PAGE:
4+<--- 1 <--- 3+<--- 3
        4+<--- 1 <--- 3+<--- 2
        4+<--- 1 <--- 3+<--- 4*
        4+<--- 3 <--- 3+<--- 2
        4+<--- 3 <--- 3+<--- 4*
        1 <--- 3+<--- 2 <--- 4+
        1 <--- 3+<--- 4*<--- 2
        4*<--- 1 <--- 3+<--- 3
        4*<--- 1 <--- 3+<--- 2
        4*<--- 2 <--- 4+<--- 1
        4*<--- 2 <--- 4+<--- 3

STEP C: Evaluate each four-element sequence of STEP A for potential 
combination (concatenation) with one or more of the sequences shown in STEP B. 
Combination is possible only if: (i) the leftmost number of a considered 
sequence from STEP A is a predecessor for the rightmost number of the 
considered four-element sequence of STEP B and (ii) no duplicate numbers will 
be seen in the eight-element sequence that results if the two quartets are 
combined.

     First STEP A Quartet: 2 is a predecessor for 3+ and 4* only. Contained
     numbers are 2, 4+ and 1. The two STEP B quartets having 3+ in the
     "connection" position contain duplicate numbers. The two STEP B quartets
     having 4* in the connection position contain duplicate numbers. The first
     STEP A quartet is not on a solution path.

     Second STEP A Quartet: 3+ is a predecessor for 3 and 1 only. Contained
     numbers are 3+, 4* and 1. The four STEP B quartets having 3 in the
     connection position contain duplicate numbers. The three STEP B quartets
     having 1 in the connection position contain duplicate numbers. The
     second STEP A quartet is not on a solution path.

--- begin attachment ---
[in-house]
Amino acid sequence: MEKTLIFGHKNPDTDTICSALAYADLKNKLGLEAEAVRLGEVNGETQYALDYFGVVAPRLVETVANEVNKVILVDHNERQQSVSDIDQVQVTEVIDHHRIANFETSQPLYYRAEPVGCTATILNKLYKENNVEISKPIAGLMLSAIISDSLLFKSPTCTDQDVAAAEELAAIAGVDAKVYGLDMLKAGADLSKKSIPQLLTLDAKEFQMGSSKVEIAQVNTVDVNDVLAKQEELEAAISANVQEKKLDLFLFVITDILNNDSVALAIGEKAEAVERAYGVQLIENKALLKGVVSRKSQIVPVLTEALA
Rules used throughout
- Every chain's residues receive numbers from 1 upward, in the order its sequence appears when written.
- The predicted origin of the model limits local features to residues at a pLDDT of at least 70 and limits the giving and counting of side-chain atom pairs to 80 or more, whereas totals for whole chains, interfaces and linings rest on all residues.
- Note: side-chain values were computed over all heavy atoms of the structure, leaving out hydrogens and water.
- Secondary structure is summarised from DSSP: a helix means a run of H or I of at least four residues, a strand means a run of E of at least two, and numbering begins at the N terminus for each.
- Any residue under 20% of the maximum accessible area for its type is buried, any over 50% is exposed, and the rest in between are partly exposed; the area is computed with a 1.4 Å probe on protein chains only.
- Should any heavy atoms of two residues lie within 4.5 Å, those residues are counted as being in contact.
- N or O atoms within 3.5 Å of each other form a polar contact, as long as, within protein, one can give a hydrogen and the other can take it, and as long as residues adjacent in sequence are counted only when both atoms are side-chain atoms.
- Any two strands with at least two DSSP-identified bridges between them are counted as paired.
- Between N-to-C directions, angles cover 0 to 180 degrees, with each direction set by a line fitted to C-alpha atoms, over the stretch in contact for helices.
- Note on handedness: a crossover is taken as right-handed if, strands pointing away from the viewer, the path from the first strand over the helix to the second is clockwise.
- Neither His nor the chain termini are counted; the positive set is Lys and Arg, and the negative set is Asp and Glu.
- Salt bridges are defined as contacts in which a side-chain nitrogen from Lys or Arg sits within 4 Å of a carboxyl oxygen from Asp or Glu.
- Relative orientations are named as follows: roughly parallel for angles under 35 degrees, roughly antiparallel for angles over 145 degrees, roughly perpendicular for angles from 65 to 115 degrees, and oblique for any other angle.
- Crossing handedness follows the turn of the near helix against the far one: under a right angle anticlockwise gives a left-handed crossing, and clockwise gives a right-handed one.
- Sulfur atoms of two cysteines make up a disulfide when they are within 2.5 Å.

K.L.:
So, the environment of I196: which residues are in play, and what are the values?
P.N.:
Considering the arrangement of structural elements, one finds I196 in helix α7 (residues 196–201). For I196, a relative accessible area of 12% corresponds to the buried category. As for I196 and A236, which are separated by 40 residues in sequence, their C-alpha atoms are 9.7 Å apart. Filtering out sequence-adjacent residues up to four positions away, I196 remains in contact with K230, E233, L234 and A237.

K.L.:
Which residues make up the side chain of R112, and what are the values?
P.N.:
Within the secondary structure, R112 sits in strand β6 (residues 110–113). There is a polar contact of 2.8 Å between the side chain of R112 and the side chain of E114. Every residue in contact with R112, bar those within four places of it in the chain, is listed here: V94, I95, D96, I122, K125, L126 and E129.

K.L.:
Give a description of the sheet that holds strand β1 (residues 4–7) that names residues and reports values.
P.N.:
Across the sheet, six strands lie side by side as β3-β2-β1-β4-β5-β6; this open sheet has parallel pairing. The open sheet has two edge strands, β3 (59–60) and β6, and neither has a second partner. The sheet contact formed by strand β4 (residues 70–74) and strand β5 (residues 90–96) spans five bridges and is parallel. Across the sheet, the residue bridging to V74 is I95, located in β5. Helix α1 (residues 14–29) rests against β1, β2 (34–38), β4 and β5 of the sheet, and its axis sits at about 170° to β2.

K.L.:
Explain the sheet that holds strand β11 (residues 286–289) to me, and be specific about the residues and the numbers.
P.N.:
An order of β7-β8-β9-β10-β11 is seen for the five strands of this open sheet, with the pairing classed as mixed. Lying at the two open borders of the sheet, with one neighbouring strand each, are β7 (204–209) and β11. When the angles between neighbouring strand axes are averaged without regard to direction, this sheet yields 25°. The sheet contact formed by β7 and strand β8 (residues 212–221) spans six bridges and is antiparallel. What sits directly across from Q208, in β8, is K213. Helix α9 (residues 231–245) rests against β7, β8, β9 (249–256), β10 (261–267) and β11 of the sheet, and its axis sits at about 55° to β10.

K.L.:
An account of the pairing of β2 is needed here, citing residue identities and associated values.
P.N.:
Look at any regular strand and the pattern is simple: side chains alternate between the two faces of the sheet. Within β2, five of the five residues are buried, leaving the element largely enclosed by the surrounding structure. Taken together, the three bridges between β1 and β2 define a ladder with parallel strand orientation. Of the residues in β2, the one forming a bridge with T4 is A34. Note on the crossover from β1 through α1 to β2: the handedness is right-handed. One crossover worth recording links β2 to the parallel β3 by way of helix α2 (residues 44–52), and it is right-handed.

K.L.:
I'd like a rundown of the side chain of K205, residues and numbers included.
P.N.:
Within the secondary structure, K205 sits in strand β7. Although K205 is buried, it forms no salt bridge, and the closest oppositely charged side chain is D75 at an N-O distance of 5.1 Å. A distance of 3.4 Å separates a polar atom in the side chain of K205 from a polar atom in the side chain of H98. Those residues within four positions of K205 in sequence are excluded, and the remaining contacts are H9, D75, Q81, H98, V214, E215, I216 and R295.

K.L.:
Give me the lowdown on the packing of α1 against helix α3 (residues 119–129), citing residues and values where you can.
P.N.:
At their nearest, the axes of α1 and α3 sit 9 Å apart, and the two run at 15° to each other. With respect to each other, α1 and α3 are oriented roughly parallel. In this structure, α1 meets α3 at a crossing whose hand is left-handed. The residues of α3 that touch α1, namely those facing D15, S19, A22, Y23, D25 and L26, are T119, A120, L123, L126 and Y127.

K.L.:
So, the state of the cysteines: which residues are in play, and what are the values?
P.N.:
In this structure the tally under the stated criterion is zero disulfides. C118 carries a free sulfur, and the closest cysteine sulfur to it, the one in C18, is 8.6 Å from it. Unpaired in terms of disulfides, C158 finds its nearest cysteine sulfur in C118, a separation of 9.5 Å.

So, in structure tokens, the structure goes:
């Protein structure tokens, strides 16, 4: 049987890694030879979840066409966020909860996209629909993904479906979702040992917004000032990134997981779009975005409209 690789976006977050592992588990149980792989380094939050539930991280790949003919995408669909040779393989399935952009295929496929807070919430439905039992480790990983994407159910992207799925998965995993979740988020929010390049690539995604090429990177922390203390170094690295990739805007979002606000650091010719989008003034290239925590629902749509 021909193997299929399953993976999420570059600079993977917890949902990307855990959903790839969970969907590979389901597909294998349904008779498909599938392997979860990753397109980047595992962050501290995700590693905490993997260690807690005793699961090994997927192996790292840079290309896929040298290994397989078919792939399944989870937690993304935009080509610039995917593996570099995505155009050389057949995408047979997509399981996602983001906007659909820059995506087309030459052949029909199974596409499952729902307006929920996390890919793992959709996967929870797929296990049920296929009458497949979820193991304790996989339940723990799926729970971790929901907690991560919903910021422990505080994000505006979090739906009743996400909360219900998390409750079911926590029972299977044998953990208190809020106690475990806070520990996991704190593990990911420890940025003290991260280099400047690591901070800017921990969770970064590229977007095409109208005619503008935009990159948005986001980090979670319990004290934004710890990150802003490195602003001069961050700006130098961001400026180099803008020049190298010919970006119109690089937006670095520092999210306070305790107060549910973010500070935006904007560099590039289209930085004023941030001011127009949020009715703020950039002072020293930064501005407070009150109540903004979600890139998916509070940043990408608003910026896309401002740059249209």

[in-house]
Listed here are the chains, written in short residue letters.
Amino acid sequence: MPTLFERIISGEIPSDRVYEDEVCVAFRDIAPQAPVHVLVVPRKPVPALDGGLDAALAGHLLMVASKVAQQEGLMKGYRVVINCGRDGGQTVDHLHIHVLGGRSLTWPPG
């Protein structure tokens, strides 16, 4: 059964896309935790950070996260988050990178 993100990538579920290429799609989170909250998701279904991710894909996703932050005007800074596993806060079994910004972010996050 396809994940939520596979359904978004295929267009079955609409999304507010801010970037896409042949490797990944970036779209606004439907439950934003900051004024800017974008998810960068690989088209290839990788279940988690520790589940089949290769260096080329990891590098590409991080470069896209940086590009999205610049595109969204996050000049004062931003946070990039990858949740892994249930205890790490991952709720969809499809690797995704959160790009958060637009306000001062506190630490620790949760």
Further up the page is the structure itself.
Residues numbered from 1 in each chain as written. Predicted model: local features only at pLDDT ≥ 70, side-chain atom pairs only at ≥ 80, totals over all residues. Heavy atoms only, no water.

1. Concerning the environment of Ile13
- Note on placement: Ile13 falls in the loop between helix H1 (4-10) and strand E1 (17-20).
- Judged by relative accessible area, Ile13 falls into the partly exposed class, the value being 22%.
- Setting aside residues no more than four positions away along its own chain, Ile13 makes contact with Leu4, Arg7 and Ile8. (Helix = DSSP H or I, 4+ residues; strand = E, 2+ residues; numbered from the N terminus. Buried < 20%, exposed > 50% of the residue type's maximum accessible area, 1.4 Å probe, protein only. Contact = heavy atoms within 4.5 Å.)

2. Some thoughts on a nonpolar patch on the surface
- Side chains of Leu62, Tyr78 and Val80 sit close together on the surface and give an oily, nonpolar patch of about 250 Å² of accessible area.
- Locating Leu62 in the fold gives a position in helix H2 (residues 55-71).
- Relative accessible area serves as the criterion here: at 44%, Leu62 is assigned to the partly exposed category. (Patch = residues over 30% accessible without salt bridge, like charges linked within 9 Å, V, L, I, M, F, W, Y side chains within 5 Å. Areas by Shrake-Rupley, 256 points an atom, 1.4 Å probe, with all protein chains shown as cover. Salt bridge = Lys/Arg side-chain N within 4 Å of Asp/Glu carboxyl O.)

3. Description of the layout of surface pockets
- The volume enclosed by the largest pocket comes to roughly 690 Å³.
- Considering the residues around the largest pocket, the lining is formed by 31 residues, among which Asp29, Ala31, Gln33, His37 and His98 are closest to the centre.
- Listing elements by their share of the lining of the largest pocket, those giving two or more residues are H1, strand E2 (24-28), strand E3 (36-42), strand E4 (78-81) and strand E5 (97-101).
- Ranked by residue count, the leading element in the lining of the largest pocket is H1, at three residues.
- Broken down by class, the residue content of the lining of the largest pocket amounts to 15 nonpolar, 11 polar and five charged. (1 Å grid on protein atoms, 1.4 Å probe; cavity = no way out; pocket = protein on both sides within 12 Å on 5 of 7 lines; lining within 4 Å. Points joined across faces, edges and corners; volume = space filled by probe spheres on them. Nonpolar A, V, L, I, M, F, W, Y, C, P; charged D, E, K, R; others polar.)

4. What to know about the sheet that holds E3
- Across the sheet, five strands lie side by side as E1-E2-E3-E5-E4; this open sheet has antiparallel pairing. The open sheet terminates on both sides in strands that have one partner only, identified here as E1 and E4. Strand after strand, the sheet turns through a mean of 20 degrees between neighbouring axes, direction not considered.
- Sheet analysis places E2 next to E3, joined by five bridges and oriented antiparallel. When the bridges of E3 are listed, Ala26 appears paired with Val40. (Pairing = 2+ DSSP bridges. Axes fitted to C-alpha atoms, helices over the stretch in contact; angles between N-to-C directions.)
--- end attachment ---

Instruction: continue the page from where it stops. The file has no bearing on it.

Third STEP A Quartet: 4+ is a predecessor for 2 only. Contained numbers
     are 4+, 1 and 4. Of the five STEP B quartets having 2 in the connection
     position, only the first (3 <--- 3+<--- 4*<--- 2) does not contain
     duplicate numbers. The third STEP A quartet is a starting four-element
     set for a solution pathway.

     Fourth STEP A Quartet: 4* is a predecessor for 3+ only. Contained numbers
     are 4*, 1 and 4. Of the two STEP B quartets having 3+ in the connection
     position, one (2 <--- 4+<--- 3 <--- 3+) does not contain duplicate
     numbers. The fourth STEP A quartet is a starting four-element set for a
     solution pathway.

STEP D: Combine the quartets to define the puzzle solution pathway(s)

        3 <--- 3+<--- 4*<--- 2  <--- 4+<--- 1 <--- 4 <--- 2+
        2 <--- 4+<--- 3 <--- 3+ <--- 4*<--- 1 <--- 4 <--- 2+




                           [D] AN ALTERNATE APPROACH

Any systematic path elimination method can be used to resolve Clock Puzzles. 
Rather than "begin at the end" and work "backwards" as described by the Basic 
Algorithm, it may seem more natural to "begin at the start" and work forwards.

An algorithm based upon this latter method would begin by assuming all clock 
number positions to be candidates for a starting point designation. The 
algorithm would continue to use the identified starting point candidates to 
proceed to work through Clock Puzzle maze pathway alternatives and identify a 
solution path or pathways. The step-by-step details of such a "forward" 
solution method would be much like those displayed for the Basic "backward" 
Algorithm.

In the abstract, it would seem that the amount of effort required under either 
approach would be roughly the same. The reality of any given situation may be 
different as puzzle characteristics may favor the application of one 
alternative over the other.

For example, if a single number of the Clock Puzzle set can be identified as 
the unique starting point for all solution pathways, it would seem that the